Transportation, Distribution, and Logistics relates to the planning, management, and movement of people, materials, and goods by road, pipeline, air, rail, and water.
The Transportation, Distribution, and Logistics industry is all about moving people and things from one location to another, quickly, safely… and at a low cost.
Transportation methods include aircraft, railroads, waterways, over the road, and through pipelines, as well as warehousing and storage. Workers in this industry design transportation systems, operate or repair equipment, plan how to move materials, and take care of storing products.
Quick facts to know:
- This industry employs over five million workers, about 3.6% of total U.S. jobs.
- Trucks deliver nearly 70% of all freight in the U.S.
- The most commonly shipped items are food, clothing, furniture, and electronics.
- The U.S. spends more than $1.64 trillion on transportation logistics.
Despite the idea that driverless trucks may move freight down highways within the next 10-15 years, there are many current job openings in transportation and warehousing, with a strong need for workers expected in the next several years. Experts estimate that there are 50,000 truck driver jobs unfilled, and trucking- related jobs account for about one-third of the job openings in the industry.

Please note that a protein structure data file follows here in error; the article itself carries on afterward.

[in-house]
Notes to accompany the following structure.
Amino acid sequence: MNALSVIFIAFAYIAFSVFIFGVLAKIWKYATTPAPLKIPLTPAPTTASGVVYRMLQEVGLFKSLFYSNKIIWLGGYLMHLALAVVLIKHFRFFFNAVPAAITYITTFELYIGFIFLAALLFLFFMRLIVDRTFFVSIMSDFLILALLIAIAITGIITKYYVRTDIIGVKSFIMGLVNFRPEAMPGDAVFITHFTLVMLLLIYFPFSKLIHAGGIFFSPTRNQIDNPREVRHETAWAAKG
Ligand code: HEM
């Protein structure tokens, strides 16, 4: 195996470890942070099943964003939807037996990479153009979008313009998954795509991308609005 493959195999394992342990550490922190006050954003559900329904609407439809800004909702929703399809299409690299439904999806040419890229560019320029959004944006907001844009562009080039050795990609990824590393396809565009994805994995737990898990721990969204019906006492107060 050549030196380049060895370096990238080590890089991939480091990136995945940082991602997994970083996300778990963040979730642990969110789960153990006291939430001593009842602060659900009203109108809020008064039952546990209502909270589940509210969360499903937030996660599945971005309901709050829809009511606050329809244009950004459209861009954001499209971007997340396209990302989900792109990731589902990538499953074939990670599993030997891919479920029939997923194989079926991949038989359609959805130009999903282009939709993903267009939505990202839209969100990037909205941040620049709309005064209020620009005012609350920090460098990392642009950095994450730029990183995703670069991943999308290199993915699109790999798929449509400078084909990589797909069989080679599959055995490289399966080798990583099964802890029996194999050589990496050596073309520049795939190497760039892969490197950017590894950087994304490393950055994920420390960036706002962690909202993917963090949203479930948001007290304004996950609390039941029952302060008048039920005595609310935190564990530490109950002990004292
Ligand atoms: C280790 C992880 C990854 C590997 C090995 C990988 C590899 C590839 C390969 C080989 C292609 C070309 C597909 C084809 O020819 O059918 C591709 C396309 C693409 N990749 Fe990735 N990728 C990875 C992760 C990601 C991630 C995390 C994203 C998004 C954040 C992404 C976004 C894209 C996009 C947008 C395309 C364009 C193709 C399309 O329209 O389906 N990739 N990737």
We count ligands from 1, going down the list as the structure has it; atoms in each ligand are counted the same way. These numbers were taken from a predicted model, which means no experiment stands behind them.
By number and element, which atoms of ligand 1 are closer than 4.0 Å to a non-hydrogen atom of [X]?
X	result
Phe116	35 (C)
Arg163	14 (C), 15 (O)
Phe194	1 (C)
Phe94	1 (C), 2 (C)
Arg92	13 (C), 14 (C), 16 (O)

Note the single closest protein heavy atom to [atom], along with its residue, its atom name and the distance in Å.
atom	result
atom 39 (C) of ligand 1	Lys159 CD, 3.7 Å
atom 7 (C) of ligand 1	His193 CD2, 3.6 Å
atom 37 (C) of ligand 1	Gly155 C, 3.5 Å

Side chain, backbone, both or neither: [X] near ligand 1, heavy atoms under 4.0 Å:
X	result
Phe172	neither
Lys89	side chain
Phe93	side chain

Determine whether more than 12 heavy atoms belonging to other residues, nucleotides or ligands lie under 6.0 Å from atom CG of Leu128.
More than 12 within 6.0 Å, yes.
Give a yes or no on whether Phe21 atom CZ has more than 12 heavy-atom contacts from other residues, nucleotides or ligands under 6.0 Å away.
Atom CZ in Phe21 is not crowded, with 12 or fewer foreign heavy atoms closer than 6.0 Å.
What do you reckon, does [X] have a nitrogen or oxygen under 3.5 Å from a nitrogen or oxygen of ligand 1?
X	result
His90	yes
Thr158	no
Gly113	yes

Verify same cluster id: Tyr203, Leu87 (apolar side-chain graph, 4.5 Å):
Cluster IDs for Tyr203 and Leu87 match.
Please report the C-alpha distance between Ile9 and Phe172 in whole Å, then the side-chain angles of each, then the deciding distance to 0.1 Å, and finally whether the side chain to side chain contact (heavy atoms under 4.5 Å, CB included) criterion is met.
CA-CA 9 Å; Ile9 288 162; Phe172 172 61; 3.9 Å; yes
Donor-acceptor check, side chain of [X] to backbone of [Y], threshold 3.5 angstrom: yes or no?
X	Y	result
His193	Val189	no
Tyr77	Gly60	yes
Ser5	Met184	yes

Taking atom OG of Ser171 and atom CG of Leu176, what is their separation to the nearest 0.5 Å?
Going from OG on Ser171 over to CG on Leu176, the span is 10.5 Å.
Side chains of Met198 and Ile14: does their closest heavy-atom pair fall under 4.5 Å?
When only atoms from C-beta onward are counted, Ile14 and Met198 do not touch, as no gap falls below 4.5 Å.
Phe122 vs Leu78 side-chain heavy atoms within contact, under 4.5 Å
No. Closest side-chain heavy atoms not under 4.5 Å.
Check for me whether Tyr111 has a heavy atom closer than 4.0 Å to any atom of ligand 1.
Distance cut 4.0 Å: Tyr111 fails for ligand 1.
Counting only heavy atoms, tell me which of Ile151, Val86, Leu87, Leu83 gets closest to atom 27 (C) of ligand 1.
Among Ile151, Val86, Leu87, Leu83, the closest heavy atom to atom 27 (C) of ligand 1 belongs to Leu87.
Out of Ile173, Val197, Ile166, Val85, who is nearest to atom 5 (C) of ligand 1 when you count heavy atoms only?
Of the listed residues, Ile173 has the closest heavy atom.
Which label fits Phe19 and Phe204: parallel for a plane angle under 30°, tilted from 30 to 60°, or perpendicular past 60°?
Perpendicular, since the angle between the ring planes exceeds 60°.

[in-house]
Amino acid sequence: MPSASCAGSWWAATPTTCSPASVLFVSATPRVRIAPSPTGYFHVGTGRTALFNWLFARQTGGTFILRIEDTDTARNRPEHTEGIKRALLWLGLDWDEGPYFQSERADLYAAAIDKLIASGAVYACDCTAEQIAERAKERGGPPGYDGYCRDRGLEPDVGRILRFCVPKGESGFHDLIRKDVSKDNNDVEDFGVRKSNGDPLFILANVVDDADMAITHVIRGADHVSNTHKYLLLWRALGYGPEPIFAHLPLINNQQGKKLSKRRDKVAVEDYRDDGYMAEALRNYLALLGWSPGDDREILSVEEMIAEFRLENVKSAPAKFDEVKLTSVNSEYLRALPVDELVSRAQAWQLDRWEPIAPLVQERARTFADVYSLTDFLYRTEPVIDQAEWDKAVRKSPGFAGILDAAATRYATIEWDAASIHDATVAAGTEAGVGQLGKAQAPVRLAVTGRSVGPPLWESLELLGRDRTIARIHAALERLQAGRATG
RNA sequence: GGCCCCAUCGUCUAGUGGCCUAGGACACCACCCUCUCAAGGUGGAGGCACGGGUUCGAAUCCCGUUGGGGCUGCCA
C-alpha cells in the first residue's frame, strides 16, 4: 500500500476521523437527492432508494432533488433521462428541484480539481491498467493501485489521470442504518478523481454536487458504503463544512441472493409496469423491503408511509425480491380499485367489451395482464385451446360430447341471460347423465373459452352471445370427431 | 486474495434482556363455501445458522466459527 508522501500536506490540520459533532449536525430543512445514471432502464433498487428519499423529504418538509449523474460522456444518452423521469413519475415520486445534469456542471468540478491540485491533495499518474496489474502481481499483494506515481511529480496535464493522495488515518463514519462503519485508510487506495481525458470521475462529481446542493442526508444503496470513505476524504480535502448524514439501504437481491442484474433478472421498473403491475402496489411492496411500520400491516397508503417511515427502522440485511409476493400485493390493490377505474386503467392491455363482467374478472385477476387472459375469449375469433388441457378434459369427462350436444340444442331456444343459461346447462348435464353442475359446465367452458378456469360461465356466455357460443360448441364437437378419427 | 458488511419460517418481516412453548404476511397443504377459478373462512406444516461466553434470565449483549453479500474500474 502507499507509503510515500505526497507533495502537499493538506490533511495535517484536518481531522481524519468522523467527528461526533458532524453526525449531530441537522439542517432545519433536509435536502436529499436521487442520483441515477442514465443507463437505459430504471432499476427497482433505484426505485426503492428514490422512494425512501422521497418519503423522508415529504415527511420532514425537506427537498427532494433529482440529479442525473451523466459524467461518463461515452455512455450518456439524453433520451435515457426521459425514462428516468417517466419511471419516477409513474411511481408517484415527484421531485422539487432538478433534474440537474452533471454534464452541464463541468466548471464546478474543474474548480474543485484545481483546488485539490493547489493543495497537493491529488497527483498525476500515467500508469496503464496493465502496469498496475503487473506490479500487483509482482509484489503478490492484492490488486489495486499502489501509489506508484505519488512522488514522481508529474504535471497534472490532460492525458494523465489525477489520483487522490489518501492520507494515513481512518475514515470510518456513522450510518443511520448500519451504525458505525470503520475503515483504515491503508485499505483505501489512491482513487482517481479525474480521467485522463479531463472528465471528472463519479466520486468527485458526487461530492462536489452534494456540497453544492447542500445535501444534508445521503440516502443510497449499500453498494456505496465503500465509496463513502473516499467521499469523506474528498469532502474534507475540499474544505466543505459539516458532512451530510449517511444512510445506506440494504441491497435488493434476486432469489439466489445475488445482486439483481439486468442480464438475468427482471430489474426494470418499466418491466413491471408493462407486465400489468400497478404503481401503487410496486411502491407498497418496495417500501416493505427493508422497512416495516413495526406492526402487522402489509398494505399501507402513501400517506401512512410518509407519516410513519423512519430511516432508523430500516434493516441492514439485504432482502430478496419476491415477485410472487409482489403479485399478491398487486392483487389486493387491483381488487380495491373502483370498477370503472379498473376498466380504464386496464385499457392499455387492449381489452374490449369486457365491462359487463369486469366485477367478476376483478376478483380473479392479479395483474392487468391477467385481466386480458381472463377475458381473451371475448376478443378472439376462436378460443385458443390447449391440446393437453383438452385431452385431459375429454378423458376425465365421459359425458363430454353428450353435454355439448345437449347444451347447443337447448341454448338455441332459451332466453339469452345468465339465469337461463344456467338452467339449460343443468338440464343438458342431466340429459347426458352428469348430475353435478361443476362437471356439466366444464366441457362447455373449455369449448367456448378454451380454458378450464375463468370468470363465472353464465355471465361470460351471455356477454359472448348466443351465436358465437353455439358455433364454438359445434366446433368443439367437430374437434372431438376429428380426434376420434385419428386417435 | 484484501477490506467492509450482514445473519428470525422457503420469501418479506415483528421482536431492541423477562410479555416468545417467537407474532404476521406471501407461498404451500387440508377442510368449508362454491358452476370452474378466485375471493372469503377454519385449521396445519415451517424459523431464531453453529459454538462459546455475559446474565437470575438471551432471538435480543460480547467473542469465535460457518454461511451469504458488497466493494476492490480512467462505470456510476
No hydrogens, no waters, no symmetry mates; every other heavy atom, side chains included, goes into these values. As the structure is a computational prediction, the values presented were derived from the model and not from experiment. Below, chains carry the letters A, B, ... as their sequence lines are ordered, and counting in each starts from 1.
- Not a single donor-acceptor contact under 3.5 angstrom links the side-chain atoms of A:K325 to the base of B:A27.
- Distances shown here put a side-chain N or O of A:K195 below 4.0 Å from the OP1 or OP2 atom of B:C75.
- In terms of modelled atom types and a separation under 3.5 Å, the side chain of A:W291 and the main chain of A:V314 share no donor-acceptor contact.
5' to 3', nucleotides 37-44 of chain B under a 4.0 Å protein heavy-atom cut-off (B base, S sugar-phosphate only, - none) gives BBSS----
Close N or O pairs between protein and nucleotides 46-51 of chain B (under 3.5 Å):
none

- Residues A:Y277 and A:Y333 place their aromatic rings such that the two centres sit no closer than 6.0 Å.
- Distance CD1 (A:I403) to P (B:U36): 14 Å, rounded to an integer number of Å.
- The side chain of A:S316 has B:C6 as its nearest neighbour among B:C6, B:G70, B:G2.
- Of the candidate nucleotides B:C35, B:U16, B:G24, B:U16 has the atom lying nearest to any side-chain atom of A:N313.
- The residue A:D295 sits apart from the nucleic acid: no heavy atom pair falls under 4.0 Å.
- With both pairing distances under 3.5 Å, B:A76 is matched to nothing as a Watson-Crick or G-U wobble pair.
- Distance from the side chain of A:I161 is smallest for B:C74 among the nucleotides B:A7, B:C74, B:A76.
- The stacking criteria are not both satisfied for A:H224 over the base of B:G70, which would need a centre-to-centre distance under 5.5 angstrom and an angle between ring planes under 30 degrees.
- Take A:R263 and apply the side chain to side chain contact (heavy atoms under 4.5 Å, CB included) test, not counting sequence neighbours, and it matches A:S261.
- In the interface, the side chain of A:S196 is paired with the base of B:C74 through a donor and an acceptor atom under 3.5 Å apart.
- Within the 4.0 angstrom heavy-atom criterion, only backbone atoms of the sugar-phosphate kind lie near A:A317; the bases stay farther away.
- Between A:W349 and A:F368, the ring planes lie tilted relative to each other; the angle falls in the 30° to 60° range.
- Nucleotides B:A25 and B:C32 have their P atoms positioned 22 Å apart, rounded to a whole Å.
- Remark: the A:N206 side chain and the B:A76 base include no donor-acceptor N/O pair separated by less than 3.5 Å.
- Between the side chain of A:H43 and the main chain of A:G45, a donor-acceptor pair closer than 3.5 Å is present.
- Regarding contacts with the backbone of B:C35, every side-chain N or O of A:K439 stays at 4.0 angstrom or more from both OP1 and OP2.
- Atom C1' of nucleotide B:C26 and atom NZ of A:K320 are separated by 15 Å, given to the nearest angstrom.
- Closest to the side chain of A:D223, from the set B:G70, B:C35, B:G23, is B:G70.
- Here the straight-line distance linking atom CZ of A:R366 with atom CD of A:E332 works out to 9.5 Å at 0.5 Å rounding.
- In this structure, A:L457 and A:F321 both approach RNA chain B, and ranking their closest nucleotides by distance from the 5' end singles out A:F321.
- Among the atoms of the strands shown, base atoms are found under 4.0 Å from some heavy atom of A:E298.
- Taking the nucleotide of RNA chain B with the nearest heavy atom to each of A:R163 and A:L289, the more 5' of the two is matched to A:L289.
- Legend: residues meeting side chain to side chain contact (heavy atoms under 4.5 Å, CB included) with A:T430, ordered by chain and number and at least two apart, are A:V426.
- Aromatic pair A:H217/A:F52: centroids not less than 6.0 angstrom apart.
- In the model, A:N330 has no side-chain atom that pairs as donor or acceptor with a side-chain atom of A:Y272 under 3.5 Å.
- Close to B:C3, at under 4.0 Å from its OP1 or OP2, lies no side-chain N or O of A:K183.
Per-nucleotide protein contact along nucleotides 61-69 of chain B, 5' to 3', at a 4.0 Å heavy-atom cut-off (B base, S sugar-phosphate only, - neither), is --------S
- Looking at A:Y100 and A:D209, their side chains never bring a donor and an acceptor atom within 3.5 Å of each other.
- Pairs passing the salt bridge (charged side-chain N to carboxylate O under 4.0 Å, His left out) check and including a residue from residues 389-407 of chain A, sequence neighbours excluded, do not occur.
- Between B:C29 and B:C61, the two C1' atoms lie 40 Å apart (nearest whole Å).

Many openings are also currently available and expected in the future for school and public transit bus drivers, forklift operators and stock movers, and distribution/warehousing workers. A wave of retirements in railroad and maritime workers will create further openings.
Most careers in transportation and logistics pay wages that are higher than the national median.
For those seeking employment, pay special attention to these metropolitan areas, where growth will be especially robust: New York City, Dallas, Los Angeles, Houston, and Chicago.
Automation helps make aspects of the industry more efficient, such as bar codes that track goods for shipping and distribution. Pilots of ships and aircraft depend on automated navigation equipment to operate safely. GPS technology is heavily relied on in many jobs, although workers need to troubleshoot changing conditions, and make adjustments, often more quickly than technology is able to do.
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